There is no question that a modification of child support hearing can be a stressful event. This is especially true if all the parties involved don’t know what to expect in the courtroom. The last thing you want is for your children to suffer from more fallout from your divorce. However, even though going to court again is no picnic, you have to do what you have to do.
Much like any other court proceeding, both parties have to be present, as well as any legal counsel they have hired. A judge will preside over the hearing and ultimately determine the outcome.
When you understand fully what to expect during this process, you can ensure you’re ready for it. Being ready can help reduce some of the stress and anxiety related to the situation. Here, you can learn more about the process and what to expect once you walk into the courtroom.
The modification of child support hearing begins with filing a form. Either parent can request that the court take another look at child support arrangements. Usually, it’s a life event that prompts this request. Someone got a new job, a raise, or married. Or, someone is facing financial hardships that make taking care of the children difficult. The modification hearing determines whether child support should increase, decrease, or stay the same.
Both parties need to provide official documentation to prove their current financial status. If you’re the parent saying a child support change is appropriate, you will need to prepare a statement to present. You’ll also need to provide paperwork to support your claim. The better you prepare, the easier this part of the hearing will be and the less anxious you will feel. With an attorney’s help, you can be confident that your case is as solid as possible.
Evaluation of the Situation
The court will review all of your financial statements and documents after you present your claim. The judge is trying to determine whether a change is justifiable. The court will want to see all sorts of documents. Gather your tax returns, income statements, any retirement income, proof of expenses, and current pay stubs. The court will want to see them all – and maybe other documents, too.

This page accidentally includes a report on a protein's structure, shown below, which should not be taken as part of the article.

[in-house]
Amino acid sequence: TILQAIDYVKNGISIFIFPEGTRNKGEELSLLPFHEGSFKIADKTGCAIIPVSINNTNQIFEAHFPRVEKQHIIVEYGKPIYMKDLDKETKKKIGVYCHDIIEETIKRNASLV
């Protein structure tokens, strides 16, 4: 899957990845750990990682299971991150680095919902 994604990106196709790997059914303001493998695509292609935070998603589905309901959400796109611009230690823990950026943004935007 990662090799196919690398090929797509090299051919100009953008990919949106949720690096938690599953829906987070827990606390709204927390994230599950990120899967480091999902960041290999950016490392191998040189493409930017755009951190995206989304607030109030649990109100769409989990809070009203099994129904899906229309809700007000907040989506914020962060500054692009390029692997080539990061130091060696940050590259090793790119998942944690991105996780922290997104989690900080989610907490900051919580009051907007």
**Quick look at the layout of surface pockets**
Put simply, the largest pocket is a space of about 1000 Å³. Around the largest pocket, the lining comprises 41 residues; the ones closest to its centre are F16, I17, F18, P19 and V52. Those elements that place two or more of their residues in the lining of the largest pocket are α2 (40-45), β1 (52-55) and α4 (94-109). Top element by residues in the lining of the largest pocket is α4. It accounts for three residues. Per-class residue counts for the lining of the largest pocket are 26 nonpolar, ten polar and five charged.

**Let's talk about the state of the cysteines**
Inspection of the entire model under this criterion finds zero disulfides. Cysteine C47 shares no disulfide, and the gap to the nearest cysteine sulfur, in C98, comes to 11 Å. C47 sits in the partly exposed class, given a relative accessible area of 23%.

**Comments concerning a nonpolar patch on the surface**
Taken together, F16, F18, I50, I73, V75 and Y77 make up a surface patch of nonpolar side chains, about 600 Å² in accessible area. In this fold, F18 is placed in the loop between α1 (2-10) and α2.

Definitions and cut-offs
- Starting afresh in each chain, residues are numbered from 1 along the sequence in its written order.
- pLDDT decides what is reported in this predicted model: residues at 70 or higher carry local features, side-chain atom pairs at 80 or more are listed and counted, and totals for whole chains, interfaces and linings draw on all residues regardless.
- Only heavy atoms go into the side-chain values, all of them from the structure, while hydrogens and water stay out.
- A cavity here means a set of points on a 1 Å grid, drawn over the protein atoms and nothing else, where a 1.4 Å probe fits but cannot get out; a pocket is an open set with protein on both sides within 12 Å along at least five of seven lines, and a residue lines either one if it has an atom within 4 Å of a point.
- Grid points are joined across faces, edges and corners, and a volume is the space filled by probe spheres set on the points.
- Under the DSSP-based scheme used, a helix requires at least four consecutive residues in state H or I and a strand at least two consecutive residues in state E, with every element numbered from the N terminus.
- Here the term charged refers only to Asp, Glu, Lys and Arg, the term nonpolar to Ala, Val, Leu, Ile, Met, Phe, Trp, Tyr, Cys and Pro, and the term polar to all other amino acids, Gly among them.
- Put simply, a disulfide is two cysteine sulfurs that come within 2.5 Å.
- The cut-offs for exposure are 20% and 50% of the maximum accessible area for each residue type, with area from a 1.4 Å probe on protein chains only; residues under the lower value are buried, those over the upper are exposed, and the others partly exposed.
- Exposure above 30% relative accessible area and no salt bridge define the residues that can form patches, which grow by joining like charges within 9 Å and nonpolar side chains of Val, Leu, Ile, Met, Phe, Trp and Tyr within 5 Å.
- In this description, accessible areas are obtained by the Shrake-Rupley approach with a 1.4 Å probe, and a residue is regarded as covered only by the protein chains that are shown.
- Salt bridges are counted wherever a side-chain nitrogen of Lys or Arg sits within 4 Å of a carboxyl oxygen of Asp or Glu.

Change of Custody Impact
The court will also want to see your custody agreement. They are looking for any changes in the amount of time either parent spends caring for the children. For example, let’s say the non-custodial parent now has more custodial time with the children. The more time you have with your children, the more expenses you incur. This change needs to be documented and then submitted to the court for review. This may indicate a change in the financial situation and lead to a reduction in child support due.
The same is true for the custodial parent if he or she provided more care than the original custody agreement prescribed. In that case, the court may decide it’s time for a child support increase.
The goal is to make the amount of time a parent cares for a child equal to the amount of child support received. Sometimes, the amount of time and the amount of support don’t seem equal. That’s when it’s time to seek the court’s intervention. You’ll want to schedule a modification of child support hearing.
The Judge’s Decision
The conclusion of the modification of child support hearing is the judge’s decision. The judge will decide whether a modification of the existing child support order is in order after listening to both parents.
The guidelines for the judge’s decision may vary from state to state. However, the process is the same. The judge reviews all of the information, then makes a decision. A modification request is either approved or denied, and the decision is binding. That’s why it’s smart to have as much evidence and documentation as possible before you go to court.
If you need to modify child support, you should talk to a lawyer first. The better you prepare, the more likely you are to get a fair outcome. It’s easy to see your case from your perspective – but you need to anticipate how the court will see it, too.
Need help with your modification of child support hearing? You don’t have to go through this alone – and you shouldn’t. Get the answers to your questions and the legal support you need during this time. Call (770) 475-2521 to schedule a free consultation with the legal team at Reeder Law Firm today.